The first full night of speeches at the Republican National Convention in Tampa, Florida, has led to one striking conclusion:
Many American politicans had ancestors born in other countries.
From Nikki Haley's Indian parents through Ann Romney's folks, who followed the Lamanites directly from the Old Country, everybody talked up their immigrant forebears.
Maybe you caught the highlights on TV. Maybe you've already watched them all, riveted to your phone, tablet or smellevision. Maybe you didn't watch any of the speeches. Here are some of the first evening's all-stars:
Former first lady of Massachusetts Ann Romney works for the first day in her life, claims women sigh just a little bit louder than men. (A phenomenon I have often observed.) "It's the moms of this nation—single, married, widowed—who hold this country together," says Mitt Romney's wife.
Wisconsin Gov. Scott Walker gets a loud and sustained standing ovation, talks about somebody who got a new job in the Badger State, praises Romney for choosing "game changer" Paul Ryan as his running mate. "With this pick," Walker says, "he showed us that the 'R' next to his name doesn't just stand for Republican. It stands for reformer."
New Jersey Gov. Chris Christie almost forgets to mention Mitt Romney in what Reason's Peter Suderman calls a "Self-Centered, Platitudinous Speech" that highlights "the GOP's Vision Problem."
"Mitt Romney and Paul Ryan are dedicated to restoring the home where married moms and dads are the pillars of strong communities," says former Pennsylvania Sen. Rick Santorum.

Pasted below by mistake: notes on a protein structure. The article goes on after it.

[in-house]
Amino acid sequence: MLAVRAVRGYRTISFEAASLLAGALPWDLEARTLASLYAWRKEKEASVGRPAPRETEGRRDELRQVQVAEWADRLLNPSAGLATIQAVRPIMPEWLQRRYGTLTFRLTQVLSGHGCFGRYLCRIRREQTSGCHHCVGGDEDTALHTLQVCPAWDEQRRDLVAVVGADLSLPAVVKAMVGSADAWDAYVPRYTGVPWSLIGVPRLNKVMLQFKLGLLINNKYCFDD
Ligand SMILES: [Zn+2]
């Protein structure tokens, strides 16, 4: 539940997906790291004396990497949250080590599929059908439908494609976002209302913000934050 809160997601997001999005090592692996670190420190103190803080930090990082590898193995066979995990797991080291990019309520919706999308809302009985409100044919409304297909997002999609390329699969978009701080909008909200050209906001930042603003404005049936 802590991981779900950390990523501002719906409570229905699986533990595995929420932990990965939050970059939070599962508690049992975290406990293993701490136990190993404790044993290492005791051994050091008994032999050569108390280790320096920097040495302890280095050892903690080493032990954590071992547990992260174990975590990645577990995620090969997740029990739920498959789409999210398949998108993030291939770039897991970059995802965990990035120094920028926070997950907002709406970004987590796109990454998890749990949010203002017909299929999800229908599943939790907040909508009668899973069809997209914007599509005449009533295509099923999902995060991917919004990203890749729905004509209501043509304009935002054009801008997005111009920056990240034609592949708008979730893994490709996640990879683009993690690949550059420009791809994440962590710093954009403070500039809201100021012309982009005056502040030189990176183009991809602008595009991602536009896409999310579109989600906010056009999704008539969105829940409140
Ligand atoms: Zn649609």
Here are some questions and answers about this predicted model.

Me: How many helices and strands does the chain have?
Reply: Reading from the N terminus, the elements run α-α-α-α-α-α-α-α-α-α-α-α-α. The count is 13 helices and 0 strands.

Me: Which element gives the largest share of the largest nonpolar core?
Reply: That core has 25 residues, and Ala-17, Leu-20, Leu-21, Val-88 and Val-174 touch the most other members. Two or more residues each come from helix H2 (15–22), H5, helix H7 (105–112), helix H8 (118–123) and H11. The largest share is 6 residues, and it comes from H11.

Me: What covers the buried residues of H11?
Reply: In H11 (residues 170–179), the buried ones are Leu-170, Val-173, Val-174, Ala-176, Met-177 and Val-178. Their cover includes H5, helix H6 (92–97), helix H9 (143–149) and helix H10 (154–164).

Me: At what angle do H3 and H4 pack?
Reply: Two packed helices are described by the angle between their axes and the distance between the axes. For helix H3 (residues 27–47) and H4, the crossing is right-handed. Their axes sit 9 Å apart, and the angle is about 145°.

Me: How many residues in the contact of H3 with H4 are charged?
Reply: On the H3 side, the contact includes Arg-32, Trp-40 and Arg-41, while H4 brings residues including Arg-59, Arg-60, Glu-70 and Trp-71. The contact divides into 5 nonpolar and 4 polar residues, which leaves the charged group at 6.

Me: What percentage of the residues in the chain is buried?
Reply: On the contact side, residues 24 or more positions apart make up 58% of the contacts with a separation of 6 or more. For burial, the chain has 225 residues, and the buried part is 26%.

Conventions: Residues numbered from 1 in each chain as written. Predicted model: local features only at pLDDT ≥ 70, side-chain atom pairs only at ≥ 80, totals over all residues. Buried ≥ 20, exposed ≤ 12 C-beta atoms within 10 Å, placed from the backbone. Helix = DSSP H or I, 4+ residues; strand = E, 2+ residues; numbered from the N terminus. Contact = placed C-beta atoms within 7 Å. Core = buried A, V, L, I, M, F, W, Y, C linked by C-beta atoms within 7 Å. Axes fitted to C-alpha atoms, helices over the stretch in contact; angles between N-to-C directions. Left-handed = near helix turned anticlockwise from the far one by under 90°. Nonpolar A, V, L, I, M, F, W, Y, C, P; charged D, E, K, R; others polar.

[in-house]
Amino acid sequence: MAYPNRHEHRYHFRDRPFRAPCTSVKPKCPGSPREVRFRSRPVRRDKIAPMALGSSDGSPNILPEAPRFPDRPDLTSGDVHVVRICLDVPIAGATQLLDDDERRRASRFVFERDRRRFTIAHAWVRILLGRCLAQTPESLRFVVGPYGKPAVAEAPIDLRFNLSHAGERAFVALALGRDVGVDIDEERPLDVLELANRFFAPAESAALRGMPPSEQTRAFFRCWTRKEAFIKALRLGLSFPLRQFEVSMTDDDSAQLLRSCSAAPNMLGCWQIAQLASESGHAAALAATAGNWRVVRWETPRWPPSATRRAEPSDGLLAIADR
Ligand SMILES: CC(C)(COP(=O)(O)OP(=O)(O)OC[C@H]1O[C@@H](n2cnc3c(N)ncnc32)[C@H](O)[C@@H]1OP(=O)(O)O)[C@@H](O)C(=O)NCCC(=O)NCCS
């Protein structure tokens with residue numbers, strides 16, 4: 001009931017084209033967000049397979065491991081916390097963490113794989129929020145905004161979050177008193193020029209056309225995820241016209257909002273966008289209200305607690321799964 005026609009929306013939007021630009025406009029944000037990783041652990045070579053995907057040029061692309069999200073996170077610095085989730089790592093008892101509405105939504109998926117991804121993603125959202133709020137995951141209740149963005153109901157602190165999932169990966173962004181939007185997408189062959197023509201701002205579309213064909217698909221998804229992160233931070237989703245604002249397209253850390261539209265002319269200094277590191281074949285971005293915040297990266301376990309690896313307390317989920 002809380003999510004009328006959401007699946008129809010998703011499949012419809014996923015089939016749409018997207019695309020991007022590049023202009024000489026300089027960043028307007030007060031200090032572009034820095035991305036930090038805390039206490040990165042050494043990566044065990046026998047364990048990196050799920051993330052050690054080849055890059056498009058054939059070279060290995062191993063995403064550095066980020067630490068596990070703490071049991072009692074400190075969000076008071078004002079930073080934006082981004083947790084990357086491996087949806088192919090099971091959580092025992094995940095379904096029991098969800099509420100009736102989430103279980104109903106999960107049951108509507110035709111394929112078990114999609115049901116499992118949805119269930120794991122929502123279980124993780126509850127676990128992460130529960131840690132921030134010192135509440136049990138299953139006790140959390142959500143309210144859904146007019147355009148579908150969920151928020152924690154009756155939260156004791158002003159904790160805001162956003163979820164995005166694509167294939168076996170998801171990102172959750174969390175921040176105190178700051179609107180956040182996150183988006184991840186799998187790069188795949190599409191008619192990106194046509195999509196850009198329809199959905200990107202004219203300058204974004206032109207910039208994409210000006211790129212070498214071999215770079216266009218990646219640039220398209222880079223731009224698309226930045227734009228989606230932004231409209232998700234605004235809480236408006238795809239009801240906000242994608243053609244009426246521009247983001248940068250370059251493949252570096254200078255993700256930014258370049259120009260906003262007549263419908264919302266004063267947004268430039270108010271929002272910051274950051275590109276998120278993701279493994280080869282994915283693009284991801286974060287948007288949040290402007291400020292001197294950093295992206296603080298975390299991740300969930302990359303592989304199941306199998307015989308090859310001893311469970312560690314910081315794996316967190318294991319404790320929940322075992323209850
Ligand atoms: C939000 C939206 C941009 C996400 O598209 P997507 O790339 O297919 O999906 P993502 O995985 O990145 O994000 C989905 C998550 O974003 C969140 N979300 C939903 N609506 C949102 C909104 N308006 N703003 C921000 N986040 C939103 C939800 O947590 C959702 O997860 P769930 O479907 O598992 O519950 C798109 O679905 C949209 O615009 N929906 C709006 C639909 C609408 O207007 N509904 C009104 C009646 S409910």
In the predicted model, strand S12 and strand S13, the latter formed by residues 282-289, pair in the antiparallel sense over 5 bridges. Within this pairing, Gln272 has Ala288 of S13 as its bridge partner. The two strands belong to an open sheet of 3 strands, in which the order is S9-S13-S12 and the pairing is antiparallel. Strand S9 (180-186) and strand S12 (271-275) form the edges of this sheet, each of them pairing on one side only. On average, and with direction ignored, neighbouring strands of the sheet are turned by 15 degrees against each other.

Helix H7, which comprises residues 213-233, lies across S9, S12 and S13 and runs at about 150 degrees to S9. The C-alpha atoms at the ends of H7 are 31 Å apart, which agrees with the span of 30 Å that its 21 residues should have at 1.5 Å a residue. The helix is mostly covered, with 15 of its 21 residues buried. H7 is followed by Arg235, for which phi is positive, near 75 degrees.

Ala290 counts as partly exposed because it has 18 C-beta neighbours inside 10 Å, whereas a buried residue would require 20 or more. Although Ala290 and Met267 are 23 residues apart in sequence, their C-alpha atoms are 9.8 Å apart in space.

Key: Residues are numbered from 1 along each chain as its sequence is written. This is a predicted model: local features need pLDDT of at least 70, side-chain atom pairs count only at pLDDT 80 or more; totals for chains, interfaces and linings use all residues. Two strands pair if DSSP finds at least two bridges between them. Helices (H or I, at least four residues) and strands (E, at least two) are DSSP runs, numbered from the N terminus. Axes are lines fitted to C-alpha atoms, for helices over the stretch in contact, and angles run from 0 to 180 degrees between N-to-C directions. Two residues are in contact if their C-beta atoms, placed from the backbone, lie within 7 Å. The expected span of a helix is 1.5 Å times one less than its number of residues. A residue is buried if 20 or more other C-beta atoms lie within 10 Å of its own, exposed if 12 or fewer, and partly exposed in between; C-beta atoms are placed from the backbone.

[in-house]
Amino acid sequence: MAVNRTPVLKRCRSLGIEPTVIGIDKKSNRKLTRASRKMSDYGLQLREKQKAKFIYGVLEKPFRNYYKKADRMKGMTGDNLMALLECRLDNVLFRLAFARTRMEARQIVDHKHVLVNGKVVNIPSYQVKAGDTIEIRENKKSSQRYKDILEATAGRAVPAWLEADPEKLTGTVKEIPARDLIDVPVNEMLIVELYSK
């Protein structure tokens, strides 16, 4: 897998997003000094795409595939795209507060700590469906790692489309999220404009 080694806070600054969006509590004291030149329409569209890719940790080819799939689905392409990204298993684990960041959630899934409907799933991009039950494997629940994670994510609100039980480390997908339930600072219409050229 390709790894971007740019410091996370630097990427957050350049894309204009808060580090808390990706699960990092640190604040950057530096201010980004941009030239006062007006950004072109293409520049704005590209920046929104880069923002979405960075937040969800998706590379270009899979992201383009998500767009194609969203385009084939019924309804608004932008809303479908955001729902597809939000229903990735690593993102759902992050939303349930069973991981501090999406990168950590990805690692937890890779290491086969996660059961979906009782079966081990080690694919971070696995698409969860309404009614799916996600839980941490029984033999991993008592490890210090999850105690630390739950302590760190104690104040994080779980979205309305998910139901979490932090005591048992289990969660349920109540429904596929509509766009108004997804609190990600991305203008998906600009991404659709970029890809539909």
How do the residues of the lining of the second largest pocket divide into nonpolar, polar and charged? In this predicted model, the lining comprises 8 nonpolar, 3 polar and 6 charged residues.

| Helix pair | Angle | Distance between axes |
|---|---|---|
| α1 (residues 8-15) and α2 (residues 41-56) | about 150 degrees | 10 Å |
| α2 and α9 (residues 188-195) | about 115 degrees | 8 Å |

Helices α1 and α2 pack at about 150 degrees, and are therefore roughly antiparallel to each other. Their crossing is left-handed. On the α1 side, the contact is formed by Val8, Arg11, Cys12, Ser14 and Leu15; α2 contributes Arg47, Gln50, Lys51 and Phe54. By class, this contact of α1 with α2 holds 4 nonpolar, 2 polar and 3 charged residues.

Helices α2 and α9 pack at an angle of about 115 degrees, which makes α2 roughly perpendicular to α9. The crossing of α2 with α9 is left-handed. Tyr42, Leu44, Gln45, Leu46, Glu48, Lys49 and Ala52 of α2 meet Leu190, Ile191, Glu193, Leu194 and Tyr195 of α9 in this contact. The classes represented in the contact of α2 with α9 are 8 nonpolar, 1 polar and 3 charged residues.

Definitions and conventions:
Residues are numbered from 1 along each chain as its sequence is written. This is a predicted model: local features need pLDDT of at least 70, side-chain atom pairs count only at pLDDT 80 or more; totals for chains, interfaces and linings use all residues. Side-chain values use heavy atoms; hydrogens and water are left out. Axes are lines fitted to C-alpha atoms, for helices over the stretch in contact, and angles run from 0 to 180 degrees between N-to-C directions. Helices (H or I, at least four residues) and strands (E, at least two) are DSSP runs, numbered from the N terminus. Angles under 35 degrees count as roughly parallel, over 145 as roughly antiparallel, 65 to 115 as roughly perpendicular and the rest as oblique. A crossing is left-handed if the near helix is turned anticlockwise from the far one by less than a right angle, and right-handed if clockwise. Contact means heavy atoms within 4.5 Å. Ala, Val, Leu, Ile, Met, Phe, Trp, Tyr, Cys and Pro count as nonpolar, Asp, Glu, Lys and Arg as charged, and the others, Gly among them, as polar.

"While the Obama administration borrows over $3 billion a day just to keep the lights on, Republican governors have closed $65 billion in budget shorfalls, without raising taxes," says Virginia Gov. Bob McDonnell. "You didn't build that," the Obama campaign replies, highlighting the role of federal largess in Old Dominion's recovery. "It's hard to take Governor McDonnell's attacks on the president's policies seriously when he admitted recently that those same policies of cutting taxes for the middle class and small businesses, investing in infrastructure, and supporting education have helped strengthen Virginia's economy," Obama for America Virginia press secretary Marianne von Nordeck tells the Richmond Times-Dispatch.
South Carolina Gov. Nikki Haley says the state is on its way to becoming America's number one tire producer, criticizes the Obama NLRB for trying to block Boeing's effort to move to the Palmetto State.
Beloved Cliffhanger star Janine Turner tries to find Colorado, says God (him again?) built America.
House Speaker John Boehner, "a regular guy with a big job," talks about his days bouncing lowlifes from a bar. "The American people are still asking 'where are the jobs,' but President Obama only offers excuses instead of answers," says Boehner. "His record is a shadow of his rhetoric. Yet he has the nerve to say that he's moving us forward, and the audacity to hope that we'll believe him."
Just can't get enough? There are plenty more.